Due to complaints from the Humane Society, the days of Puddles were cut short. After striking up an agreement with Disney in 1947, the university was able to get a mascot that had the likeness of Daffy Duck, and the rest was history.
Ohio State University: Brutus Buckeye
Brutus Buckeye earned the nickname of “biggest nut in college football.” He made his first appearance in 1965 after a couple of students made a convincing case to explore the idea.
Back then, there were more live mascots, but it would’ve been tough to secure a buck deer, so that idea was rejected. A buckeye, the states official tree, was the next best option. There used to be a Kool-Aid man look-alike version that we’re glad they didn’t settle on.
University of Southern California: Traveler
Since 1961, the USC Trojans have featured their live horse Traveler, who is accompanied by a trojan warrior. USC officials spotted the original Traveler at the 1961 Rose Parade.
That’s when they persuaded the owner to be the mascot and ride around the Coliseum during games. All of the Travelers have been pure white, and they’re currently on Traveler IX. There have, however, been multiple breeds to take on the task in throughout the years.
University of Notre Dame: The Leprechaun
Finally, we have a mascot that’s a human and not a live animal or a man in a tree outfit! University of Notre Dame’s Leprechaun is the most-spirited Fighting Irish fan in sports, and that’s saying a lot.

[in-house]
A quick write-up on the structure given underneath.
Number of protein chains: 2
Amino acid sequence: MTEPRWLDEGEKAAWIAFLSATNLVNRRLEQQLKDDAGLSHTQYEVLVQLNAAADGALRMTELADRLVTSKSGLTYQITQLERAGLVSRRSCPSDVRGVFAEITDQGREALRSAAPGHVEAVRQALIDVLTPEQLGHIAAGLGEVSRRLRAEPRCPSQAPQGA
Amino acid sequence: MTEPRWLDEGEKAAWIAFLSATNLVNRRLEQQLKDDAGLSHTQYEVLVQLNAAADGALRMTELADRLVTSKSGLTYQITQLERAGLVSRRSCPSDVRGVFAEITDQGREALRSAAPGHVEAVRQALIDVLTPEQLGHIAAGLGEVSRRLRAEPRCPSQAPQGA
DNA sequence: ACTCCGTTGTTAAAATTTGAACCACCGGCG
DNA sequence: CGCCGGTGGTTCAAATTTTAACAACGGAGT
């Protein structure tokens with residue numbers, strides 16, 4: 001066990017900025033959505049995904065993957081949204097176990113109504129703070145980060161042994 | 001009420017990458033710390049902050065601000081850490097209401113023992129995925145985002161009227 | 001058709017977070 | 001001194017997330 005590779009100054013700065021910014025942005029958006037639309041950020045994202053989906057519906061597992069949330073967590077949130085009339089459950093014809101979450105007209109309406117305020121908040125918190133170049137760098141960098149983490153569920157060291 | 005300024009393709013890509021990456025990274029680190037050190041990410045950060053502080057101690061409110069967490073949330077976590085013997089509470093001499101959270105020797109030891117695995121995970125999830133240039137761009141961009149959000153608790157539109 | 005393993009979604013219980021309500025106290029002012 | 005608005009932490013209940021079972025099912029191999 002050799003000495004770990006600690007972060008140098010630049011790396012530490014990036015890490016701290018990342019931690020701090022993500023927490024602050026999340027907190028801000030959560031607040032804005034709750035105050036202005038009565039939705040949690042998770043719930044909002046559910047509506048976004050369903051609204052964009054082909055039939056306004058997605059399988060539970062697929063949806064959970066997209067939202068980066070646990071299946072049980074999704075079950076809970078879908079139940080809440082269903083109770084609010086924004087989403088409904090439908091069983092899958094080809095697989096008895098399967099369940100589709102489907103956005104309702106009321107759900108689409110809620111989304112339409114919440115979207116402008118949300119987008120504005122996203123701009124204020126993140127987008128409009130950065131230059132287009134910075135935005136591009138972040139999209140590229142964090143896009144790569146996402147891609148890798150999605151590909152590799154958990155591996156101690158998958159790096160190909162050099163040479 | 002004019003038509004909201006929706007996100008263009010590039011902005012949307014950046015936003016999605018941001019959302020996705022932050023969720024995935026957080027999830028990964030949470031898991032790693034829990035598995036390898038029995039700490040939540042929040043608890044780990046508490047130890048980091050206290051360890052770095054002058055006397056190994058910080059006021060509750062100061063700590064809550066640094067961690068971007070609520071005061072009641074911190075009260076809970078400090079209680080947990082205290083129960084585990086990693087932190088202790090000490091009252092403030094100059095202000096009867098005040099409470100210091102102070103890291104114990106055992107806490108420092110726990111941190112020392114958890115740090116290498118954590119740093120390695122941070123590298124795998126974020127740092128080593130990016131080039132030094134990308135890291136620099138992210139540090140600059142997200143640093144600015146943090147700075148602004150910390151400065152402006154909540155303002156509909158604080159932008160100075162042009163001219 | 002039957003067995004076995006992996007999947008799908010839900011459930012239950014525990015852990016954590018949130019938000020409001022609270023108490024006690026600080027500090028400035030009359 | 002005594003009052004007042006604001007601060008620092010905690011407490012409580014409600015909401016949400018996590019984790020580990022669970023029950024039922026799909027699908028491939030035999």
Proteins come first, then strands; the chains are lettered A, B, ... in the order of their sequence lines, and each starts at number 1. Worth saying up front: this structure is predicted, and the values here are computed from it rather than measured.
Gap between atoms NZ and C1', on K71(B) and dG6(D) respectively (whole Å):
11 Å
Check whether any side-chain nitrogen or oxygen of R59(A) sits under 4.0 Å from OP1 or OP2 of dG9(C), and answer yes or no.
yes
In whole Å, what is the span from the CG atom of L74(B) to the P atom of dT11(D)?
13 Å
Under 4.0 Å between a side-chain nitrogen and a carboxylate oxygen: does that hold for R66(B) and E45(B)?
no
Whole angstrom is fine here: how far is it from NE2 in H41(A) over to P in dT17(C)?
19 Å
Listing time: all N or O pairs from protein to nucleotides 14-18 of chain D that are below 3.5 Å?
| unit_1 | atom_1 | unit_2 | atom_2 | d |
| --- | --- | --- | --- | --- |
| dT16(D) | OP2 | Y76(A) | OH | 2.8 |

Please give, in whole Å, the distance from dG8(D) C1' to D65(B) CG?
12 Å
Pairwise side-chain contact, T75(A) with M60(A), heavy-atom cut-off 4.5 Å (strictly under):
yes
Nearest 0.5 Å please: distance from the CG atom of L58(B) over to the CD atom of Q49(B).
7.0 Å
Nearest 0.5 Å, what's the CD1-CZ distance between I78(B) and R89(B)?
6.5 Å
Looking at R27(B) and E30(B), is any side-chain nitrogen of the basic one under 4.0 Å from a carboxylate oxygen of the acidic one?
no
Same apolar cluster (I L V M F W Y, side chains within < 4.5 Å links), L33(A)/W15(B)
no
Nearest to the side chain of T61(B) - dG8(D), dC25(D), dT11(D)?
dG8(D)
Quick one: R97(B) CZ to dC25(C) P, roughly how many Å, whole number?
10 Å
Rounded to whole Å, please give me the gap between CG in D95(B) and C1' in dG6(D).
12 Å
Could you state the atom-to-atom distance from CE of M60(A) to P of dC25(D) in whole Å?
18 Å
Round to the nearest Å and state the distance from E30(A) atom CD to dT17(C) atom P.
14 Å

The leprechaun usually is a shorter man with a beard, but 2019 marks the first time the mascot will be portrayed by a female. The woman lucky enough to have this duty will be Lynette Wukie, and she’s stoked.
Michigan State University: Sparty
There’s nothing like a padded mascot replicated an insanely strong character. Michigan State University’s Sparty is a huge spartan that no one would have liked to go up against in ancient Greece.
Sparty is a popular figure. He appears in graduation pictures, at weddings, birthday parties, and he graced the cover of EA Sports’ NCAA Football one year. He won the vote to be on the cover by more than 75,000 die-hard football fans.
West Virginia University: West Virginia Mountaineer
West Virginia University’s mascot is another one who doesn’t need an outlandish outfit. Much like the Notre Dame Leprechaun, the West Virginia Mountaineer is a live person, but he wears buckskins, a coonskin cap, moccasins, and has a powder horn.
“The first official Mountaineer was Lawson Hill in 1934 and ’35, and the current Mountaineer is Buffalo-native Timmy Eads,” Fansided reported. “He’s the 66th Mountaineer mascot.” The first female mountaineer came in the early ’90s and was played by Natalie Tennant.